Ground Ball Series
During this first series of fielding drills, your 1st baseman is going to work on fielding ground balls left, right, shallow, and working her footwork without actually throwing the ball. After you’ve worked on this for a while, go ahead and proceed into a series where your player will actually be throwing to the various bases.
For the first series (minus throwing), have your player focus on the following:
- Setting her feet in line with the intended base or target
- Rotating around and switching her feet as quickly as possible
After you’ve spent some time on the series without actually throwing the ball, it’s time to amp it up and have your first baseman actually throw the ball to the appropriate base.
Change it up and have your player work on a short throw, focusing on the staying low and making sure that her throwing hand doesn’t go above the shoulder and that she doesn’t cock the wrist.
Next, have her focus on a medium throw. During this, she’ll want to focus on pointing her toes to the foul line, lining up the ball on her load side, staying balanced, and finally releasing the ball.
Once it’s time to move on to the long throw, remind your player to focus on staying balanced so that she keeps her throw inside the baseline, making it easier for the intended baseman to receive the ball.
It’s a good idea to work on having your first baseman first throw to the second baseman (short, medium, and long throws), then have her work on throwing to the third baseman (short, medium, and long throws), then end up with her working on throwing to home (short, medium, and long throws).
Here’s something for you coaches to keep in mind while running these drills:
- Does your first baseman have a weak backhand? Have her focus on working on that backhand until she feels more comfortable with it. If she has a weak forehand, you can have her focus on that until she’s mastered it. Once she has solid fundamentals, then you can mix it up and have her alternate between forehand and backhand.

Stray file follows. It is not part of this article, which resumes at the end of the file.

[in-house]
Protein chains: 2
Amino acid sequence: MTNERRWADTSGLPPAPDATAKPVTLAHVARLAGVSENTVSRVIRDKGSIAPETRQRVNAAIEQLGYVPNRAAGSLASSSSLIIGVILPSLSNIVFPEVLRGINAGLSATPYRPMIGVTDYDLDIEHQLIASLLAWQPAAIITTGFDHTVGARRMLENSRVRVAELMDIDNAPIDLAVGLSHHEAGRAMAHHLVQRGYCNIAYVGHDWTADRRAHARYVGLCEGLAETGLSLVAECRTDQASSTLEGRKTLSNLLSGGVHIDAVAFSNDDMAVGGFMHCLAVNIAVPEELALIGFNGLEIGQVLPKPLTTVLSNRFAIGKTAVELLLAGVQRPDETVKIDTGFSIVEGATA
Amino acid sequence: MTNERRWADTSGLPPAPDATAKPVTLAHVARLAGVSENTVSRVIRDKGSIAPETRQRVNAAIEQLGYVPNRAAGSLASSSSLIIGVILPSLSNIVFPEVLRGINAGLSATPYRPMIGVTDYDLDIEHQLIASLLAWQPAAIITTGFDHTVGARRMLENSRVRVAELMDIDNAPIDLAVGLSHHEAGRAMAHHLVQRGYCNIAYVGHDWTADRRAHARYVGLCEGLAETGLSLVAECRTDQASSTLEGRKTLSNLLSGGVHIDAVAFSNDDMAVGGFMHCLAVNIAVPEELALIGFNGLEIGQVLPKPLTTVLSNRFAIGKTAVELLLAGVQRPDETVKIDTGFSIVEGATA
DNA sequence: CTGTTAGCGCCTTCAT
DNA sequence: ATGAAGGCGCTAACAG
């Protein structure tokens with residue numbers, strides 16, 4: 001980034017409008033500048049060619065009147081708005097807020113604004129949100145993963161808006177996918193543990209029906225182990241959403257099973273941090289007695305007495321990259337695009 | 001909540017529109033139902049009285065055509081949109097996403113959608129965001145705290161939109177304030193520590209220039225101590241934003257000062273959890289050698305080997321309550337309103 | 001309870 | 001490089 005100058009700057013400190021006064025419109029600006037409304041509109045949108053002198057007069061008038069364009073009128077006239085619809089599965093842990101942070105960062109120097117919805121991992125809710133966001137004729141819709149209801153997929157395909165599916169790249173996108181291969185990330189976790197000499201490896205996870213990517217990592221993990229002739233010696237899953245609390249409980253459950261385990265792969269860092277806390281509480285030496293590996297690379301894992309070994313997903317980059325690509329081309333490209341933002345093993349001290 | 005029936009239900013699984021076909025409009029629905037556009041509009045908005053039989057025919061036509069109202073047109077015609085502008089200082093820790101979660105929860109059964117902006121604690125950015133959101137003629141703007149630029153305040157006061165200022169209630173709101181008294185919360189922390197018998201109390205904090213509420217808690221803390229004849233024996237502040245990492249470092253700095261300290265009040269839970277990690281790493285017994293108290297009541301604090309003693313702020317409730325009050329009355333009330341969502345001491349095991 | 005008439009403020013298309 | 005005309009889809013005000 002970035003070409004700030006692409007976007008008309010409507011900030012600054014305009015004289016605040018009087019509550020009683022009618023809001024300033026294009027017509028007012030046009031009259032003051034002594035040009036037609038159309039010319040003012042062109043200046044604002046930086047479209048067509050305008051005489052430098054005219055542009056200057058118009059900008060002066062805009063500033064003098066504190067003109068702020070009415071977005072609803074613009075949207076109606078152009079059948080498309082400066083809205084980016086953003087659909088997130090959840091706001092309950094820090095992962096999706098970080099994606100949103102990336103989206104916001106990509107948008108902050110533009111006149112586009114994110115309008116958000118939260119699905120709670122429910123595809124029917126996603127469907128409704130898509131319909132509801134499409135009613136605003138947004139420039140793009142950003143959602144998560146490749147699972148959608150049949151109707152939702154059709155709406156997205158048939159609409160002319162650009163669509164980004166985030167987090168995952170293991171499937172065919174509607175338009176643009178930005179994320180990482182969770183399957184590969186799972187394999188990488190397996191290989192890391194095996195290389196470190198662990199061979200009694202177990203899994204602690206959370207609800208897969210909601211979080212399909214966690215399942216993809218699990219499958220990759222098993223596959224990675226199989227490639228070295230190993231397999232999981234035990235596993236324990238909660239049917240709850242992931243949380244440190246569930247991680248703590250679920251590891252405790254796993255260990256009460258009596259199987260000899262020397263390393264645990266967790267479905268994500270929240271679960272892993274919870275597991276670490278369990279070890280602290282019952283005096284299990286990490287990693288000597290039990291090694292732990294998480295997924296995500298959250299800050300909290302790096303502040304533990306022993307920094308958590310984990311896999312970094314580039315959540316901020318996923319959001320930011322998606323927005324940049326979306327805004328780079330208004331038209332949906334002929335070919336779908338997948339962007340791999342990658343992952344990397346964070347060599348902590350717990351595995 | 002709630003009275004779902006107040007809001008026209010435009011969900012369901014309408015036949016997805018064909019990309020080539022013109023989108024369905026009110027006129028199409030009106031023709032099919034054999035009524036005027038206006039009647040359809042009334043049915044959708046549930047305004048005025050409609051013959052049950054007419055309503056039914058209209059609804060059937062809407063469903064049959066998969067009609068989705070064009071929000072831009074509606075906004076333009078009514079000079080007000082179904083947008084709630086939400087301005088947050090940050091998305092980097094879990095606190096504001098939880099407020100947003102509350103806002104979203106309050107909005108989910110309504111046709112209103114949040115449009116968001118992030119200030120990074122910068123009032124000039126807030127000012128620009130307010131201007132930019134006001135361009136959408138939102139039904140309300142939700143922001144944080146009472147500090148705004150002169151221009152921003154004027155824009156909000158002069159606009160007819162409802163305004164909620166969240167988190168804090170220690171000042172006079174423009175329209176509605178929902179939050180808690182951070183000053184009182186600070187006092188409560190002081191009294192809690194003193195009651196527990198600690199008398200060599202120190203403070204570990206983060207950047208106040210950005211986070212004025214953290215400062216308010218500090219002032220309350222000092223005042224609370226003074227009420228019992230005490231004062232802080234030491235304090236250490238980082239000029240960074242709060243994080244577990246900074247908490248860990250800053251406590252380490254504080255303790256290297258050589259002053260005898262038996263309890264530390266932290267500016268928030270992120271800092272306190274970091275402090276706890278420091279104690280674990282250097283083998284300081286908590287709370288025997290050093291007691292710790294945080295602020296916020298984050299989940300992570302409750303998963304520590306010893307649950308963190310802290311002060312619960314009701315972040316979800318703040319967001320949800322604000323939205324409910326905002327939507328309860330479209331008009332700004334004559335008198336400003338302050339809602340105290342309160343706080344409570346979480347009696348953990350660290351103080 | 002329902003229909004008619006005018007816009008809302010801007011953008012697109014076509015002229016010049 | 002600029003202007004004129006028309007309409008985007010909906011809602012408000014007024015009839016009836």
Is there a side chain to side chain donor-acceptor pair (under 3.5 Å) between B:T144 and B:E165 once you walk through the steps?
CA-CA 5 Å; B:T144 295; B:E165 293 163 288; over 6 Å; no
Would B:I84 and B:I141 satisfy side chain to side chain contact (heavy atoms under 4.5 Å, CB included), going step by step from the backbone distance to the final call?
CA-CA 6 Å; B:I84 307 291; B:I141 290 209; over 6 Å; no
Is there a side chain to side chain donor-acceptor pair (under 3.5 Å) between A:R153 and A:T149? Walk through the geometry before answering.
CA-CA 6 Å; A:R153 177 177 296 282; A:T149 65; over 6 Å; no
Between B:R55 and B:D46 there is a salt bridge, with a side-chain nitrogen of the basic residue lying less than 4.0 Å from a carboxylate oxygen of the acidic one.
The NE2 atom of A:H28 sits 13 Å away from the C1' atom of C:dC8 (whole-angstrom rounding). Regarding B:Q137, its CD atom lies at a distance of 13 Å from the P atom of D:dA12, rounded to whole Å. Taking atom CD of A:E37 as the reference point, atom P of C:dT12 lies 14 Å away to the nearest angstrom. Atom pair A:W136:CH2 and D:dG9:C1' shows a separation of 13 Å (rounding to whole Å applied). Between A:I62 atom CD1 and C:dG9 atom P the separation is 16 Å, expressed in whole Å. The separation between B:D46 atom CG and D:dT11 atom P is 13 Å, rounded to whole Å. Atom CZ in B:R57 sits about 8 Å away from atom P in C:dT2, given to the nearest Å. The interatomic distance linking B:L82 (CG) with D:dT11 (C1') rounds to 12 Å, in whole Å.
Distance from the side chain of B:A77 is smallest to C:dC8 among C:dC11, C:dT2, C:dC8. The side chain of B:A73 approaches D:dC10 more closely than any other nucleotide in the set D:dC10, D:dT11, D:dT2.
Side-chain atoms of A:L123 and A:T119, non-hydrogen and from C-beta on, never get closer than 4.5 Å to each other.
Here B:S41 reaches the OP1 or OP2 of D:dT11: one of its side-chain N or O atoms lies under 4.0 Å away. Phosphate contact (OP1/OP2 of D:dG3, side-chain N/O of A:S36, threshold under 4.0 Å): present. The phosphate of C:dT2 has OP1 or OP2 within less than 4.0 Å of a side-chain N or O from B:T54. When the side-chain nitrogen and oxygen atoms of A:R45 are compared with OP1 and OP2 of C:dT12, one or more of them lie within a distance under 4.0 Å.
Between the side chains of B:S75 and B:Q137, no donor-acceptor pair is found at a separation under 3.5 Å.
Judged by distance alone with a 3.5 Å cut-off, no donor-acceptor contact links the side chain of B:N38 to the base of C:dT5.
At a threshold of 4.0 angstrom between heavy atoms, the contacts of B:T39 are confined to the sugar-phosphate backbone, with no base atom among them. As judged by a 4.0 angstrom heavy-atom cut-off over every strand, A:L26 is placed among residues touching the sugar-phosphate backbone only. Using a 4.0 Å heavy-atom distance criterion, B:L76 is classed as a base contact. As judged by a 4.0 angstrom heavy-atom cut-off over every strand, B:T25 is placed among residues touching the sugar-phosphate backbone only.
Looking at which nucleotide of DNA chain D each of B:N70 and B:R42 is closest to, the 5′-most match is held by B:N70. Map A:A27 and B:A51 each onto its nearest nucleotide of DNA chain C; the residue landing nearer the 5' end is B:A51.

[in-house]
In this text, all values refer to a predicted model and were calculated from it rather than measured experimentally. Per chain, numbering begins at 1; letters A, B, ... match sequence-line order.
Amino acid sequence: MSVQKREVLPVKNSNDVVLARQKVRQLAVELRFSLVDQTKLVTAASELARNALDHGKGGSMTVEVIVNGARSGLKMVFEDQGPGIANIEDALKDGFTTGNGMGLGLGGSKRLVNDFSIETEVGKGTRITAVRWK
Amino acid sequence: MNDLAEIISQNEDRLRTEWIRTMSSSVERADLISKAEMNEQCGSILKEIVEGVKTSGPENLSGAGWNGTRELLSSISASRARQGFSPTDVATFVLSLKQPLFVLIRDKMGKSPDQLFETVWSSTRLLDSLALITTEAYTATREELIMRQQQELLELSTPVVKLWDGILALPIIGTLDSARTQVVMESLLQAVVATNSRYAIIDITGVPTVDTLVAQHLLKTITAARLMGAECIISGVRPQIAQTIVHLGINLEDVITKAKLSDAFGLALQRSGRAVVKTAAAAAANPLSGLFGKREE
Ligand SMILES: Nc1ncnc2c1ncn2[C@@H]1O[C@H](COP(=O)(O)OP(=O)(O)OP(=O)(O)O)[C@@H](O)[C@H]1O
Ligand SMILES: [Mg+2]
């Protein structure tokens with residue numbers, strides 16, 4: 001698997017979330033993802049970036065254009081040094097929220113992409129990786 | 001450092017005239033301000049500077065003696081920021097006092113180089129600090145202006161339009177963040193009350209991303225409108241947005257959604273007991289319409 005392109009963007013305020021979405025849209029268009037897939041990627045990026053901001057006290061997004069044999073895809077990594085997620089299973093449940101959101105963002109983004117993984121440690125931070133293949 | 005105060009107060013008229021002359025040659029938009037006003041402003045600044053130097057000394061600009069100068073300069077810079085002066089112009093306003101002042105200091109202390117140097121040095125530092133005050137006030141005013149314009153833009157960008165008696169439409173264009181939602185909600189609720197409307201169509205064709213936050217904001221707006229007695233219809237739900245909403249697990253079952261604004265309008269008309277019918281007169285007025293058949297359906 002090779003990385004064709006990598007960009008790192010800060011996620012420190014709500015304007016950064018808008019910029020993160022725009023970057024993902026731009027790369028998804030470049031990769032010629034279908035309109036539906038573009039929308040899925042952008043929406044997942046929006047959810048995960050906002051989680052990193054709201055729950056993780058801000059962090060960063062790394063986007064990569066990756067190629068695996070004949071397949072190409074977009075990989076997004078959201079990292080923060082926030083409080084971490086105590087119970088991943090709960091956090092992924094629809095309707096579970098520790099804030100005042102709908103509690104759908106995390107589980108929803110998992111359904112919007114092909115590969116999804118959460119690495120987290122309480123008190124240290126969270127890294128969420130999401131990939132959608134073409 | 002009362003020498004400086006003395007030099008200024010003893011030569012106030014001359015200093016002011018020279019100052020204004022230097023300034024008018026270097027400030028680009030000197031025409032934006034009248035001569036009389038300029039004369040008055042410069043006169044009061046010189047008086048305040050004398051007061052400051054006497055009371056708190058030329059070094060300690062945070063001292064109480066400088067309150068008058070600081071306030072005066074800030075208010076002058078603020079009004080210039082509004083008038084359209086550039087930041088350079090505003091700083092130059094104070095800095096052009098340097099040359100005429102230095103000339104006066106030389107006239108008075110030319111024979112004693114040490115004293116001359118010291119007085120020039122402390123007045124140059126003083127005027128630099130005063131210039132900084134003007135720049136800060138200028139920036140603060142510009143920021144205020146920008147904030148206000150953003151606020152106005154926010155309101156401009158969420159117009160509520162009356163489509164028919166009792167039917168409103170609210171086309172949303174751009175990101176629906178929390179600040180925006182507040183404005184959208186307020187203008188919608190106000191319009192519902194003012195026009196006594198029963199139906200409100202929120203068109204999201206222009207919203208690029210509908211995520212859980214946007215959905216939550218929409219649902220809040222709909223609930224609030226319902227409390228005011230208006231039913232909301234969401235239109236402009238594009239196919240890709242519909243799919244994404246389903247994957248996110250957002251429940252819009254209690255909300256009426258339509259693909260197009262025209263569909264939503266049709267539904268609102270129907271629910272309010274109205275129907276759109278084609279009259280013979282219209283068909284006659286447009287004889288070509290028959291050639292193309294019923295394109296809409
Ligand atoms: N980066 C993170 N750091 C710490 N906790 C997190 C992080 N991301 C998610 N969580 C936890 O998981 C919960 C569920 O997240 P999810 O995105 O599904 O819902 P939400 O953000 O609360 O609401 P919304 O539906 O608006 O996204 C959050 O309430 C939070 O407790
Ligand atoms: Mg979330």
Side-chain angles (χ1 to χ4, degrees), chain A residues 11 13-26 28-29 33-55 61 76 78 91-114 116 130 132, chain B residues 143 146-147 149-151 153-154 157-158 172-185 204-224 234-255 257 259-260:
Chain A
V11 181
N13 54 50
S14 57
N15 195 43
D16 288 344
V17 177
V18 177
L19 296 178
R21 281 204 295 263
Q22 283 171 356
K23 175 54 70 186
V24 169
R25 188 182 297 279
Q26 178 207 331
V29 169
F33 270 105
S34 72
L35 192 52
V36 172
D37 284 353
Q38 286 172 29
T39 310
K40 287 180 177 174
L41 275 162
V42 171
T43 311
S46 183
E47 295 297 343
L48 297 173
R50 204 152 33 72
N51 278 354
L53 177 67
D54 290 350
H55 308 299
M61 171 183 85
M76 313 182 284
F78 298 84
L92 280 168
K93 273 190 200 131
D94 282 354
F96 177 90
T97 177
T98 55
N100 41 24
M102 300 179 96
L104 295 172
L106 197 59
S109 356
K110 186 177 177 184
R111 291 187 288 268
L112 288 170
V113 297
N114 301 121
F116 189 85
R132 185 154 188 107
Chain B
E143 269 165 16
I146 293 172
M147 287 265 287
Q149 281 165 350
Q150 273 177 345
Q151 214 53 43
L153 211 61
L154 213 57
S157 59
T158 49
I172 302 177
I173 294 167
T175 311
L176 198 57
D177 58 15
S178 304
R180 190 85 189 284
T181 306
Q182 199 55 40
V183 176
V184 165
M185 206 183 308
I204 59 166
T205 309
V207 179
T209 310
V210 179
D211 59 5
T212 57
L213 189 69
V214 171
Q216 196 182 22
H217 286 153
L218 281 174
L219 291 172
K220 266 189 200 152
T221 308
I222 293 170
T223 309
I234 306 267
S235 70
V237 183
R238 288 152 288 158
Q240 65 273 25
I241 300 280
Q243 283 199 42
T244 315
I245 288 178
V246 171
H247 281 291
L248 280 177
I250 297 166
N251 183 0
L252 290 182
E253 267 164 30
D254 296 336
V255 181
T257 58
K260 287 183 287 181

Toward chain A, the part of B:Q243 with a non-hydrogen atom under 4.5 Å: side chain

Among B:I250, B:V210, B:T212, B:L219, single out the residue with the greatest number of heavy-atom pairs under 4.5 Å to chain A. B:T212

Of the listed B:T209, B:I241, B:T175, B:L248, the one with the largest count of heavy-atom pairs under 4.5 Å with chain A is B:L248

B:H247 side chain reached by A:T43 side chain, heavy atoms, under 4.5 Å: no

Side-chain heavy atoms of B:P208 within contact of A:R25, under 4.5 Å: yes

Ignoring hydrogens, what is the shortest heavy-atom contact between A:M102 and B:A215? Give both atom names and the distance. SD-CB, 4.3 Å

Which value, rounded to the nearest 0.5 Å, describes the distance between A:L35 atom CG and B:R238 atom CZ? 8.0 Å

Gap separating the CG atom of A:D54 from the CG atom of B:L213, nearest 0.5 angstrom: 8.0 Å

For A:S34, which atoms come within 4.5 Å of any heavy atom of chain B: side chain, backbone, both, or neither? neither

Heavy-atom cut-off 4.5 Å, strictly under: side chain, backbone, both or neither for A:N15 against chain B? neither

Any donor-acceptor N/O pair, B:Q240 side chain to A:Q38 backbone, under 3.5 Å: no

This set of drills involves actual tags. There are two ways to tag a runner: forehand and backhand.
The forehand tag involves your player tagging the runner with her forehand and catching that runner off the base. Your first baseman should focus on:
- Being quick
- Receiving the ball as quickly as possible
- Her drop step
- Making a vertical tag to the base
The backhand tag involves your first baseman tagging the runner with her backhand; she should be focusing on the same points above for her backhand tag.
Catching the Strike
It’s important to also spend time working on your first baseman’s ability to catch the strike.
Your player should work on dropping back on her forehand and her backhand side. She also has to work on communicating with the outfielder–this communication is key.
Foul Fly Ball
The key with a foul fly ball is to make sure that your first baseman feels comfortable going right up next to the fence. And if she has to, she should feel comfortable moving back towards the field of play.
You, as the coach, should be one to throw these poor throws–you don’t want your other players to practice at throwing poorly. However, it’s important for your first baseman to have sufficient practice catching poorly-thrown or poorly-hit balls so that she’s prepared during game time.
Next step: check out our complete collection of drills for softball defense. It includes fundamental skills, plus game situation drills that involve multiple players.